Tag Archive : elderly health

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A leukemia drug may have cleared another hurdle as a potential treatment for Parkinson’s disease.

But critics say it’s still not clear whether the drug, nilotinib (brand name Tasigna), is truly safe or effective for this use.

In a study of 75 people with Parkinson’s, nilotinib appeared to improve quality of life and boost the chemical dopamine, a team from Georgetown University Medical Center reported Monday in JAMA Neurology.

“We are seeing signals that this may be a potential treatment for our Parkinson’s disease patients,” says Dr. Fernando Pagan, director of the medical center’s movement disorders program.

Full story at NPR

Research shows that white blood cells in the human brain are regulated by a protein called CD33 — a finding with important implications in the fight against Alzheimer’s disease, according to a new study by University of Alberta chemists.

“Immune cells in the brain, called microglia, play a critical role in Alzheimer’s disease,” explained Matthew Macauley, assistant professor in theDepartment of Chemistry and co-author on the paper. “They can be harmful or protective. Swaying microglia from a harmful to protective state could be the key to treating the disease.”

Scientists have identified the CD33 protein as a factor that may decrease a person’s likelihood of Alzheimer’s disease. Less than 10 percent of the population have a version of CD33 that makes them less likely to get Alzheimer’s disease. “The fact that CD33 is found on microglia suggests that immune cells can protect the brain from Alzheimer’s disease under the right circumstances,” said Abhishek Bhattacherjee, first author and postdoctoral fellow in the Macauley lab.

Full story at Science Daily

Do you feel like you know why you’re here?

The answer to that question could determine how you feel day-to-day.

If you’ve found meaning in your life, you’re more likely to be both physically and mentally healthy, a new study reports.

On the other hand, people restlessly searching for meaning in their life are more likely to have worse mental well-being, with their struggle to find purpose negatively affecting their mood, social relationships, psychological health, and ability to think and reason.

“We found presence of meaning was associated with better physical functioning and better mental functioning,” said senior study author Dr. Dilip Jeste. He is senior associate dean for the Center for Healthy Aging at the University of California, San Diego, School of Medicine.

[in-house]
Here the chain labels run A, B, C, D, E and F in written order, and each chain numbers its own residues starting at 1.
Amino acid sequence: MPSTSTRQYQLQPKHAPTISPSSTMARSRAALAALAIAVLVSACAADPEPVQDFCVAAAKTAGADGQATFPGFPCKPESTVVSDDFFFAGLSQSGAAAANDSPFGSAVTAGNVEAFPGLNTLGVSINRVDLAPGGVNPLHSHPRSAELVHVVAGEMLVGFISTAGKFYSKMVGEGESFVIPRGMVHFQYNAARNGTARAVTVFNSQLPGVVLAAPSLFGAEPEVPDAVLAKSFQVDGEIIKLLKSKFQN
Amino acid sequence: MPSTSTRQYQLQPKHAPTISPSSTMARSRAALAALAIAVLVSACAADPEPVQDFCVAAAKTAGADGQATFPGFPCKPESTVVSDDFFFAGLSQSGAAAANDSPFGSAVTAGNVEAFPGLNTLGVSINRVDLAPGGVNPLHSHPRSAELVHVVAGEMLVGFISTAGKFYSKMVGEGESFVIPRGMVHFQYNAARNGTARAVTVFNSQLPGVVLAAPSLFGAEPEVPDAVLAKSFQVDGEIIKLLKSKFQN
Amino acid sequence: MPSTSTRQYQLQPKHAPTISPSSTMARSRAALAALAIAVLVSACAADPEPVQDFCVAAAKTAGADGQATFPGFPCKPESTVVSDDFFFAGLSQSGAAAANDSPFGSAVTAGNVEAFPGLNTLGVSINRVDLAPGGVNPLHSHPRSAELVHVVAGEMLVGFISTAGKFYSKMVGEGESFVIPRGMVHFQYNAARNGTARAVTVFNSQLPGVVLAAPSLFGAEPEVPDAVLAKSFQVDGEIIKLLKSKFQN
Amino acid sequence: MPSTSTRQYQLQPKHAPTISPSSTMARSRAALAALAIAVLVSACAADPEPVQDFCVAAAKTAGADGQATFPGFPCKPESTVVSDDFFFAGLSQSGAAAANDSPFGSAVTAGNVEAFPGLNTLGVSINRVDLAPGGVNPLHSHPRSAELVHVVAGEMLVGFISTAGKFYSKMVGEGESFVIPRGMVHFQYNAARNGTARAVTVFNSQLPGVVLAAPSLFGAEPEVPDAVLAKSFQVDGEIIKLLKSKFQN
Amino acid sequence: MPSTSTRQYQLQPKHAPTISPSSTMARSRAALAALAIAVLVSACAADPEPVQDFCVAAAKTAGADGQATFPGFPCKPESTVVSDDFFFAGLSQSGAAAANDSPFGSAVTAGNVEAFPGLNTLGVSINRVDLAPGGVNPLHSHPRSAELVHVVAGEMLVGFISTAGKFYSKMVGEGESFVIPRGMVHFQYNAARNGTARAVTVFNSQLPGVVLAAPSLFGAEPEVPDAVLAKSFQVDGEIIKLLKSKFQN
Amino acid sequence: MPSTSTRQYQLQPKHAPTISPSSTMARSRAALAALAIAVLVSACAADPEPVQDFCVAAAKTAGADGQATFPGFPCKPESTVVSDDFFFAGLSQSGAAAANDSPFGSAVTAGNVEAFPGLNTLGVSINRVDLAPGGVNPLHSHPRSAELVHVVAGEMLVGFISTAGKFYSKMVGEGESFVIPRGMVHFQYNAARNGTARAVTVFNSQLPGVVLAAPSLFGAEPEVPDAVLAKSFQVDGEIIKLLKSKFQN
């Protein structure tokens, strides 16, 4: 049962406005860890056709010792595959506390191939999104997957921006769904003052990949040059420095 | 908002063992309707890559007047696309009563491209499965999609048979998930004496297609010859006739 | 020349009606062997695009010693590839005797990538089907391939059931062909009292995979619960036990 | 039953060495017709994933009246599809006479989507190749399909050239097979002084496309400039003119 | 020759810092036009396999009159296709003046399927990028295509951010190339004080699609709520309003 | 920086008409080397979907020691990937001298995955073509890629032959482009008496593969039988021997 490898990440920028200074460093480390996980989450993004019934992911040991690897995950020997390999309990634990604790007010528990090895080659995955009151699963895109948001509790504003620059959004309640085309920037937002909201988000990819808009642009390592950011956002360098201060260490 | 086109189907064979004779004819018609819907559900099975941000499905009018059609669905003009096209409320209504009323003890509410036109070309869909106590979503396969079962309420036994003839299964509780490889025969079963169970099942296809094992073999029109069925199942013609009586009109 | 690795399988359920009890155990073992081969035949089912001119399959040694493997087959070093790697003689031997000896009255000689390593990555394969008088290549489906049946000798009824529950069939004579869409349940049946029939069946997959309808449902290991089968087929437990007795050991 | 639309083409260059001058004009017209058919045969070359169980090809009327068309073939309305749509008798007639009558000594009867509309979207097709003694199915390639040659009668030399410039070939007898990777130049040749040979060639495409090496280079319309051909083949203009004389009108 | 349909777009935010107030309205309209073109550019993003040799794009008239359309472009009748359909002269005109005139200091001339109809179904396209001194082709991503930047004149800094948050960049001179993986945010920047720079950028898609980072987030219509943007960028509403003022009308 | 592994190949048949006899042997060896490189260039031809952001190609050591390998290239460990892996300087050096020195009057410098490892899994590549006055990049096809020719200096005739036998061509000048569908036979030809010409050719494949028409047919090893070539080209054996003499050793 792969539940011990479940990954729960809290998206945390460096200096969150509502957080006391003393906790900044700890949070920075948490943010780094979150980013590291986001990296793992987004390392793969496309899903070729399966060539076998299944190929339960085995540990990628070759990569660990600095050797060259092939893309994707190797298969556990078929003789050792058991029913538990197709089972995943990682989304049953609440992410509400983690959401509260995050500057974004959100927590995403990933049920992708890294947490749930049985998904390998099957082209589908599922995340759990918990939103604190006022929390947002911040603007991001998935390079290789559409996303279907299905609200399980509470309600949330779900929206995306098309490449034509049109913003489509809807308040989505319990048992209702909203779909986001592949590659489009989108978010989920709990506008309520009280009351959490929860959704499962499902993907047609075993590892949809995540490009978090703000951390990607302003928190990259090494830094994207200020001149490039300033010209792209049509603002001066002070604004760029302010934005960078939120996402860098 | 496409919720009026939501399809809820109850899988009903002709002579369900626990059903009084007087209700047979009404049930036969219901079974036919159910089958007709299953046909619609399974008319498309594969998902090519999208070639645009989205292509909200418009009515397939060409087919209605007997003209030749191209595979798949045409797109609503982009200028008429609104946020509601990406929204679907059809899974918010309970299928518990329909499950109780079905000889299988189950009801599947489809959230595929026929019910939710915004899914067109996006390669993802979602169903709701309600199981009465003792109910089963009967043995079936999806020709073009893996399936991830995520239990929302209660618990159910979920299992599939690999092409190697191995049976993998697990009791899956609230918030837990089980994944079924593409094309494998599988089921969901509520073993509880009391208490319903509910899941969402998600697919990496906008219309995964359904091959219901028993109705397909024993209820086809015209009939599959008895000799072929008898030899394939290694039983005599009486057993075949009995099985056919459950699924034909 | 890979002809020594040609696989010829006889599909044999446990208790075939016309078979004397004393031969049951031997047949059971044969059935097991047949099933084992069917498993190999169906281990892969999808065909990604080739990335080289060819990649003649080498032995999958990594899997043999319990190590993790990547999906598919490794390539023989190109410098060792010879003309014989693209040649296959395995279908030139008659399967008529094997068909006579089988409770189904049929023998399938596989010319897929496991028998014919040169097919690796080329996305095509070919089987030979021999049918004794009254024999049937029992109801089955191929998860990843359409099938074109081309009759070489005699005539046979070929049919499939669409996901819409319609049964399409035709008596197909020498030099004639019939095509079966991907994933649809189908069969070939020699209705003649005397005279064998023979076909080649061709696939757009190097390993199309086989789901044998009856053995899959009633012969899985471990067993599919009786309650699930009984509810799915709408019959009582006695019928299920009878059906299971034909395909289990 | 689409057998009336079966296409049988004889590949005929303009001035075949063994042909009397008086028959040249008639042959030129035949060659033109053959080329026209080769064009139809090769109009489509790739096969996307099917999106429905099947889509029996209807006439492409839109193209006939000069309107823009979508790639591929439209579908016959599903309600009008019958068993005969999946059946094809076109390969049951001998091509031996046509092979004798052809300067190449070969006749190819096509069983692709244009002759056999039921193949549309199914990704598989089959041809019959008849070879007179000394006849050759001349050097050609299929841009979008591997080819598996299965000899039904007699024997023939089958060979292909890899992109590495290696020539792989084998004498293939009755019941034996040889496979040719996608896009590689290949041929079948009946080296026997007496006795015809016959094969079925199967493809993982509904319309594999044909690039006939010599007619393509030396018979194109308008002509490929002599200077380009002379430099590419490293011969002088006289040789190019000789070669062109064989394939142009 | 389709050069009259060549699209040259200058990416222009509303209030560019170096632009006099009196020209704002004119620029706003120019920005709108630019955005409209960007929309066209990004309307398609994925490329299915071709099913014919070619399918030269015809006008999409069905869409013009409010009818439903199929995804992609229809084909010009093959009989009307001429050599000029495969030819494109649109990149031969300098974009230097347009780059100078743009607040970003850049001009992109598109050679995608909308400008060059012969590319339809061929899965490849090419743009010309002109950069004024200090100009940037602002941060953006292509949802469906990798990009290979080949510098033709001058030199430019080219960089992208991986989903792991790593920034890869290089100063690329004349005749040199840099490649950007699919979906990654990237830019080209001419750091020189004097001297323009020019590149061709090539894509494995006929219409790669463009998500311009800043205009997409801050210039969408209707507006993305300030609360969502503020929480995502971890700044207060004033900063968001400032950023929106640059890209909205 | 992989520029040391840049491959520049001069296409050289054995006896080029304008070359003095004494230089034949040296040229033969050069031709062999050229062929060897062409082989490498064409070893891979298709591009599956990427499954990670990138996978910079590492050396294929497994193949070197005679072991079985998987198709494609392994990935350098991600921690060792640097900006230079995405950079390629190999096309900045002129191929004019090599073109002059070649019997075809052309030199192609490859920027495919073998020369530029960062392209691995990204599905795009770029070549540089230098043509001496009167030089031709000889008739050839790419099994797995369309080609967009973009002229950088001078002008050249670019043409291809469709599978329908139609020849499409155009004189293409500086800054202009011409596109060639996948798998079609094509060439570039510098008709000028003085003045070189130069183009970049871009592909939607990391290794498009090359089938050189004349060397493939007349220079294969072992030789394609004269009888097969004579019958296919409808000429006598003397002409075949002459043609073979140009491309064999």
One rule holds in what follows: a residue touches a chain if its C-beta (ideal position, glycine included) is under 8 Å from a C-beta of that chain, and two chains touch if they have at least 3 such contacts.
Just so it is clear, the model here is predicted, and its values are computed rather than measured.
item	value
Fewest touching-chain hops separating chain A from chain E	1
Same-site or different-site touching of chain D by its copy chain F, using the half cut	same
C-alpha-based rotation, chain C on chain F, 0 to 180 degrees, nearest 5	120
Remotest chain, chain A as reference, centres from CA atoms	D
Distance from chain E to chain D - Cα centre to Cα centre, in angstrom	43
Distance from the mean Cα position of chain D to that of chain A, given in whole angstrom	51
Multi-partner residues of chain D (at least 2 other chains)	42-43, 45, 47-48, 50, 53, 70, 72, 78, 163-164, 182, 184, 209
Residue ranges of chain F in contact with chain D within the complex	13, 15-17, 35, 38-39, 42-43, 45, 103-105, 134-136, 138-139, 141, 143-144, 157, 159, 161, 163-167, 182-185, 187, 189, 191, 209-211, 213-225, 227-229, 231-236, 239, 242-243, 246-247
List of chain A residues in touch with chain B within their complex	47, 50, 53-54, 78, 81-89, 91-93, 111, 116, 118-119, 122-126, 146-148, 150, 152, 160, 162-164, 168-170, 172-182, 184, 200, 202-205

Full story at US News

A ketone-supplemented diet may protect neurons from death during the progression of Alzheimer’s disease, according to research in mice recently published in JNeurosci.

Early in the development of Alzheimer’s disease, the brain becomes over excited, potentially through the loss of inhibitory, or GABAergic, interneurons that keep other neurons from signaling too much. Because interneurons require more energy compared to other neurons, they may be more susceptible to dying when they encounter the Alzheimer’s disease protein amyloid beta. Amyloid beta has been shown to damage mitochondria — the metabolic engine for cells — by interfering with SIRT3, a protein that preserves mitochondrial functions and protects neurons.

Full story at Science Daily

Despite media stories about a “loneliness epidemic” plaguing the elderly, two new studies find that they feel no more lonely than their peers from past generations.

The studies — one in the United States, one in the Netherlands — reached the same basic conclusion: Yes, people tend to feel more lonely after age 75 or so. But today’s older adults are no more likely to feel isolated or lacking in companionship than previous generations.

In fact, the Dutch study found, older people may now be somewhat less lonely because they tend to have more self-confidence and feelings of control over their lives.

Full story at US News

Taking a baby aspirin every day to prevent a heart attack or stroke should no longer be recommended to patients who haven’t already experienced one of these events.

That’s according to a new study published in Family Practice.